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Historical precedent of the word 'immigrant'

asked 2017-03-08 16:06:39 -0400

joeldadrummer gravatar image

I am writing to ask for your expertise and clarity. There seems to be much confusion over the word ‘immigrant’ recently, and I suspect that many people’s colloquial view of the word is incorrect in regards to the technical definition. Can the word ‘immigrant’ distinguish the cause of migration (or emigration)? Is there any historical precedent that an immigrant is one that immigrates by choice only, given that ‘immigrant' can refer to both animal and plant organism? The word ‘refugee’ is defined as those who are forced to flee their homeland, so can the definition of the word ‘immigrant’ distinguish between an immigrant refugee’s forced migration and any other immigrant’s forced migration? I very much appreciate any insight and help you could provide.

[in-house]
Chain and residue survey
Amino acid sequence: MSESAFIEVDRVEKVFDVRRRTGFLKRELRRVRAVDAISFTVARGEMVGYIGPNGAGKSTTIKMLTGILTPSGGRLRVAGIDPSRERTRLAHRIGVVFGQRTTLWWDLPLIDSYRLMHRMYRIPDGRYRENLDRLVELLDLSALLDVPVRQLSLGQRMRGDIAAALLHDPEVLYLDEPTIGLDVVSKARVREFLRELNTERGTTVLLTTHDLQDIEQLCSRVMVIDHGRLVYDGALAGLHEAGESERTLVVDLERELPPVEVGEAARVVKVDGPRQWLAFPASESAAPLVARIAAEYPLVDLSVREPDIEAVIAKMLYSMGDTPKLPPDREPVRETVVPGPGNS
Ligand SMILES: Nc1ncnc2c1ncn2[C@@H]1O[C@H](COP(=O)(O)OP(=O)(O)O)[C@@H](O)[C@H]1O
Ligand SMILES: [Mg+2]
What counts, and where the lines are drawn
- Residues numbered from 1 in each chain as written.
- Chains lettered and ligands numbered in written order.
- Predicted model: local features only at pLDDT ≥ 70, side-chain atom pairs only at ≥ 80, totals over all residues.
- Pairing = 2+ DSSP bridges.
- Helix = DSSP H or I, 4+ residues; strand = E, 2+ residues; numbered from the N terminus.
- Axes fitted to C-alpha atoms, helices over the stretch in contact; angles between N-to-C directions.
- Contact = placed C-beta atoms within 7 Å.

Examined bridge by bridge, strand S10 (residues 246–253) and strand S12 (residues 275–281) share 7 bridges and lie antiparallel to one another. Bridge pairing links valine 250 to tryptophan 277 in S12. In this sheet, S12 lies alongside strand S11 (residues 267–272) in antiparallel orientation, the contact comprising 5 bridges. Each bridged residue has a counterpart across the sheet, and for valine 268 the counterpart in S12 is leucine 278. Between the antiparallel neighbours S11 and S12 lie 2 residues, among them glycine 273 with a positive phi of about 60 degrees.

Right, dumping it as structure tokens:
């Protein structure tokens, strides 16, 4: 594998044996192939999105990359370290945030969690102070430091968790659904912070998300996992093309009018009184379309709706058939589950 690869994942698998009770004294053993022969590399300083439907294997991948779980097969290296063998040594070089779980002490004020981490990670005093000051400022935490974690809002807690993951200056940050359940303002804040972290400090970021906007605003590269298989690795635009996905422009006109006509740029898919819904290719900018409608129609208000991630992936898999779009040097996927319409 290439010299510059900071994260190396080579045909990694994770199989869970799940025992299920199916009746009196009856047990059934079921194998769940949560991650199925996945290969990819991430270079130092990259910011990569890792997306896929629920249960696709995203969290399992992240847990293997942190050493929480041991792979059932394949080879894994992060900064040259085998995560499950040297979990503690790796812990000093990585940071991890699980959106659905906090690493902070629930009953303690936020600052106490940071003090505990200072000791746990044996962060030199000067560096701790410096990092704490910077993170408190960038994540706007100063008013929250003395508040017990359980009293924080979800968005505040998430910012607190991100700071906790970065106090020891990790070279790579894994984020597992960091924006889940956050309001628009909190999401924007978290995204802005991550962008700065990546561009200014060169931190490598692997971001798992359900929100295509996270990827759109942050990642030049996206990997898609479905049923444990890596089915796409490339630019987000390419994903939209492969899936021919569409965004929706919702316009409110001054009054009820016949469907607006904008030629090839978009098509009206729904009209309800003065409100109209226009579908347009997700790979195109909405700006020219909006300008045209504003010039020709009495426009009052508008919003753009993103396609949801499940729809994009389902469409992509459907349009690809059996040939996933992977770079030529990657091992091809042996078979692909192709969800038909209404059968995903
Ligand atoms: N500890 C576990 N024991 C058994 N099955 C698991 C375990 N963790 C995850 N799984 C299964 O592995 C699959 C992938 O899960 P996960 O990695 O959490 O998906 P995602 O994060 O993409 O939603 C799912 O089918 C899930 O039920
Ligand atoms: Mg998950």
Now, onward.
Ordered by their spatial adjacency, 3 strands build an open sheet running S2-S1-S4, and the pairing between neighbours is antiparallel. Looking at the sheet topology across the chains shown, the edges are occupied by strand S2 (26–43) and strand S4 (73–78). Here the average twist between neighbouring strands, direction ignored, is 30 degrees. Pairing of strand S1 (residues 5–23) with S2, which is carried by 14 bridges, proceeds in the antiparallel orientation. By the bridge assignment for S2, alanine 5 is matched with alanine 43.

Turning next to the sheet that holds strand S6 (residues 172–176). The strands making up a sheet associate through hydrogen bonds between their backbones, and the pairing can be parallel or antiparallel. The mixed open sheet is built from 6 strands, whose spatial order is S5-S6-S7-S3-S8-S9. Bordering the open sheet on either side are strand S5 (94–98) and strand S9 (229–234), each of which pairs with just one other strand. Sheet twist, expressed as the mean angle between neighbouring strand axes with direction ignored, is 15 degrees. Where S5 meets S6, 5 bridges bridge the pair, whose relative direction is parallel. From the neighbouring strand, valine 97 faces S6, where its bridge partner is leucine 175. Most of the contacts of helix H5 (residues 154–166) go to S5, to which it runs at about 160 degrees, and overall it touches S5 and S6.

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answered 2017-03-11 16:16:16 -0400

Hi, Joel,

The only thing that occurs to me to distinguish between forced and unforced emigration would be the use of that adjective or some other appropriate one. Likewise for immigration. Both words come from Latin originally, the prefix in- (im-) indicating 'into' and e- (from ex-) indicating 'out of'. We might then call some types of slavery forced immigration (/emigration).

Jim

James L. Fidelholtz Posgrado en Ciencias del Lenguaje Instituto de Ciencias Sociales y Humanidades Benemérita Universidad Autónoma de Puebla Puebla, Puebla, MÉXICO

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Asked: 2017-03-08 16:06:39 -0400

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Last updated: Mar 08